Marriage licenses take effect the next calender day and are valid for 60 days.  “Don’t rush to get your license if you have a summer wedding planned because you don’t want the license to expire before your big day,” Orr cautioned.

A federal judge gave the go ahead to early marriage licenses for same-sex couples dealing with life threatening illness.

Illinois’s same sex marriage law doesn’t go into effect until June 1.

But less than three weeks ago, Vernita Gray and Patricia Ewert were allowed to become the state’s first legally married lesbians, because Gray is terminally ill.

That case triggered a class action lawsuit for other couples in similar circumstances.

The judge ordered Cook County to issue early licenses for couples who have a doctor’s certification that one or both of the partners may not live to be married on June 1st.

A gay couple in Illinois has an extra special reason to be grateful this Thanksgiving holiday.

“In sickness and in health has real meaning for us,” says Vernita Gray, who has battling terminal breast cancer. Gray and her soon-to-be spouse, Pat Ewert, plan to marry this week and become Illinois’ first married same-sex couple.

“Young people will look back in the way we look back at certain things, like women not being able to vote, and say, ‘Really? Was that our country?’” Gray said.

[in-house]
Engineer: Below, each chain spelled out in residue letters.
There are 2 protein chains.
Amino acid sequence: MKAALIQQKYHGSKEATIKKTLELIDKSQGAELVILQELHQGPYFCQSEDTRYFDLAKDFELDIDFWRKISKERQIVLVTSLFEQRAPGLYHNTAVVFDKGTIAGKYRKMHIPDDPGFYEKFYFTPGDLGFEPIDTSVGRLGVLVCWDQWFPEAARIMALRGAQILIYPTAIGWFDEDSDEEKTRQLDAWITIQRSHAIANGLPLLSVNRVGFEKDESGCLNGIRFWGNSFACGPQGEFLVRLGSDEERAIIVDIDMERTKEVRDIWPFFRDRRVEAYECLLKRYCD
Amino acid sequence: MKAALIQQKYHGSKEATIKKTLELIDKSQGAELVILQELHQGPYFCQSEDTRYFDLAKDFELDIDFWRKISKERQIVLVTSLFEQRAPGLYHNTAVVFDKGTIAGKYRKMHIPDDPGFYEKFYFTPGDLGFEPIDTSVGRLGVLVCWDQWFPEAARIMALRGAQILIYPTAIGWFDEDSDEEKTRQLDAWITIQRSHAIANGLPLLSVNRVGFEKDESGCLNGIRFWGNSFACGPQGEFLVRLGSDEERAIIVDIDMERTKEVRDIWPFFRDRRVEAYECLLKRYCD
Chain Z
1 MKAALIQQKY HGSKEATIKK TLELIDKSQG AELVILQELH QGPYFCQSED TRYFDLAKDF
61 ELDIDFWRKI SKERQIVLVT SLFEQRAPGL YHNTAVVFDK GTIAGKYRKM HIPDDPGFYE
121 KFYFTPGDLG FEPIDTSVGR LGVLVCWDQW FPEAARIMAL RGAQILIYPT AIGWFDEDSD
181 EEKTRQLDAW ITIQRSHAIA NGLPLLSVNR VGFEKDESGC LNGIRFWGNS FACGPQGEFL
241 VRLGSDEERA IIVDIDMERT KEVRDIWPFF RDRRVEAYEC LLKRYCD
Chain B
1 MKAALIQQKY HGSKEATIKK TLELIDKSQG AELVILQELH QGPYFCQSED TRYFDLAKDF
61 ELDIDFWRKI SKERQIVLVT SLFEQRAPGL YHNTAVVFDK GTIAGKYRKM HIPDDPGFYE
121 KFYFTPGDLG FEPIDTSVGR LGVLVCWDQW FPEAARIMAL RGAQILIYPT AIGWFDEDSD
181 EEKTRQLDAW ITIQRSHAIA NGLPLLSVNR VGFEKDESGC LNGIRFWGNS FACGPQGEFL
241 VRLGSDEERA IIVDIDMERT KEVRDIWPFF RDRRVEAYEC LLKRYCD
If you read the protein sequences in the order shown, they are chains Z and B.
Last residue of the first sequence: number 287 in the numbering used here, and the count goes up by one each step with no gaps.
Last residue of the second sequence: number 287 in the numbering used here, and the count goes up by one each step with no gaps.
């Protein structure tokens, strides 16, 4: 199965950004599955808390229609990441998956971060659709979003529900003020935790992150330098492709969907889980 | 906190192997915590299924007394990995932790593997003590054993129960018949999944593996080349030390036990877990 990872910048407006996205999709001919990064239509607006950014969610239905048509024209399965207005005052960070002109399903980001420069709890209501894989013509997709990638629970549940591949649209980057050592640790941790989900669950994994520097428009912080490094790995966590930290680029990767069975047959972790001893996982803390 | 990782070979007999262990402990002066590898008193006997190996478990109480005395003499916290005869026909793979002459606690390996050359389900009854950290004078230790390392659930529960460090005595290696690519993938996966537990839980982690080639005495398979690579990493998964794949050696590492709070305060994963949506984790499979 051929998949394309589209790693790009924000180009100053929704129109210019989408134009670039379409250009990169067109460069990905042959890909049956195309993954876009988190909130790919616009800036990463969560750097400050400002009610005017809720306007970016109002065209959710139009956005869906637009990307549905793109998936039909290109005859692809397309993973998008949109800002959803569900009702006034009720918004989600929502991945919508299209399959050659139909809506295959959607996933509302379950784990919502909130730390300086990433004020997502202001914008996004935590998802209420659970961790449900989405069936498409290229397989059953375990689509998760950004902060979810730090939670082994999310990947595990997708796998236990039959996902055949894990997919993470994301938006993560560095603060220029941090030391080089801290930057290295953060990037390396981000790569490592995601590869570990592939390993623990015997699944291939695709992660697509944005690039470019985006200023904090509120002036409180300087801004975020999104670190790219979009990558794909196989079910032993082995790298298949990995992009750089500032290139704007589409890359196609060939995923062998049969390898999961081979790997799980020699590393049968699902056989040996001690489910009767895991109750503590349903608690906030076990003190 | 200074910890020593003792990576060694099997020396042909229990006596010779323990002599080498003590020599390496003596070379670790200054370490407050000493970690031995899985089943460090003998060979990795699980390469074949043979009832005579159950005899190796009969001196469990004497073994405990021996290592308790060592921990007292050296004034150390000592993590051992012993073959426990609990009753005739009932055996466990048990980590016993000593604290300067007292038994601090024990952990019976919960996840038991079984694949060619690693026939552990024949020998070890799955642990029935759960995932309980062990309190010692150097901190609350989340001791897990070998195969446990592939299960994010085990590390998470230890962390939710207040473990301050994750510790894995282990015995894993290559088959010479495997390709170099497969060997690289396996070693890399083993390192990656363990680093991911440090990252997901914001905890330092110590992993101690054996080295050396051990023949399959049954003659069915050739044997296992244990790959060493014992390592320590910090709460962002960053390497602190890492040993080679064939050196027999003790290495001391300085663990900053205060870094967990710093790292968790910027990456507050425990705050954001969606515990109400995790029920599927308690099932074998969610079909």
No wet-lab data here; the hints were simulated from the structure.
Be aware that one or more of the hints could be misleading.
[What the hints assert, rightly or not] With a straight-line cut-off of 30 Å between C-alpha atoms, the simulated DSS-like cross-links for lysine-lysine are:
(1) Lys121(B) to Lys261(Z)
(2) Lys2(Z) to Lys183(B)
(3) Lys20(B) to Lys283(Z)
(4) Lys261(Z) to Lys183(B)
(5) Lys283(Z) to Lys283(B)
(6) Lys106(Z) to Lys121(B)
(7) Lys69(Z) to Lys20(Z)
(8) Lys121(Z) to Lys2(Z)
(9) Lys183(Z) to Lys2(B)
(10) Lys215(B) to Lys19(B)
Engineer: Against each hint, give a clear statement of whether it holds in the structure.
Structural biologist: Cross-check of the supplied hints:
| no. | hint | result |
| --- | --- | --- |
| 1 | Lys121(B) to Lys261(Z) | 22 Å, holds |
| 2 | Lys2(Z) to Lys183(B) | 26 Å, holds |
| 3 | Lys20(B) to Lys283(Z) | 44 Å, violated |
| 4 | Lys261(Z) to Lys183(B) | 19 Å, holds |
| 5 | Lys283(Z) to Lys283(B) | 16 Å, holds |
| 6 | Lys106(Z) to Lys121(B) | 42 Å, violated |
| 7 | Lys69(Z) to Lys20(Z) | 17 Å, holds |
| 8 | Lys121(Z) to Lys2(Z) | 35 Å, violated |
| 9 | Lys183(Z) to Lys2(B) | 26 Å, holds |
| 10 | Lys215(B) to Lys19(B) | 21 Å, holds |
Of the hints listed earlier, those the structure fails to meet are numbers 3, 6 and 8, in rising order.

With extraordinary grace and courage, Gray and her loving partner face the immediate future, with weeks or perhaps only days to say goodbye.  But the 64-year-old Gray has one final wish: to marry her partner, among other things, and to make sure she’ll be OK once she’s gone.

“I worked my whole life. I have a pension, I have social security. These are the things we work for in life to help our families, not just to disappear because I’m going to leave this earth,” Gray said.

At a joyous ceremony last week, Gov. Pat Quinn signed a bill into law that made Illinois the sixteenth state in the union to legalize same-sex marriage. The law will go into effect in June.

With the old laws still on the books, Gray and Ewert filed a lawsuit in federal court.

“It is discriminatory in an illegal way, based on someones sexual orientation.  and this case illustates constitutional violation is ongoing.  it affects people very day,” said lawyer Chris Clark with Lambda Legal.

Lambda Legal, and other attorneys, prevailed in court. The judge ordered the Cook County Clerk to immediately issue the historic first license — an order Clerk David Orr was happy to comply with.

“The judge was so brave to do what he did.  I’m amazed with the help of Lamda Legal, Kirk and Ellis. It’s more than I thought was out there,” Ewert said.

The judge’s decision has possibly opened a legal door for other sex-couples in similar predicaments.


Vernita Gray and Patricia Ewert will marry this week long before the Illinois marriage equality law takes effect in June.

Vernita Gray and Patricia Ewert will marry this week long before the Illinois marriage equality law takes effect in June.

A federal judge has ordered the Cook County Clerk to immediately issue a marriage license to the couple.

Gray, 64, is battling terminal breast cancer.

Two Chicago women say they are grateful that a long dream of theirs has finally been fulfilled. 

Patricia Ewert and Vernita Gray became the first same-sex couple to get married in Illinois Wednesday.

A federal judge granted an expedited marriage license to the couple because of Gray’s terminal cancer.

The state legalized gay marriage earlier this month but the law doesn’t take effect until June of next year.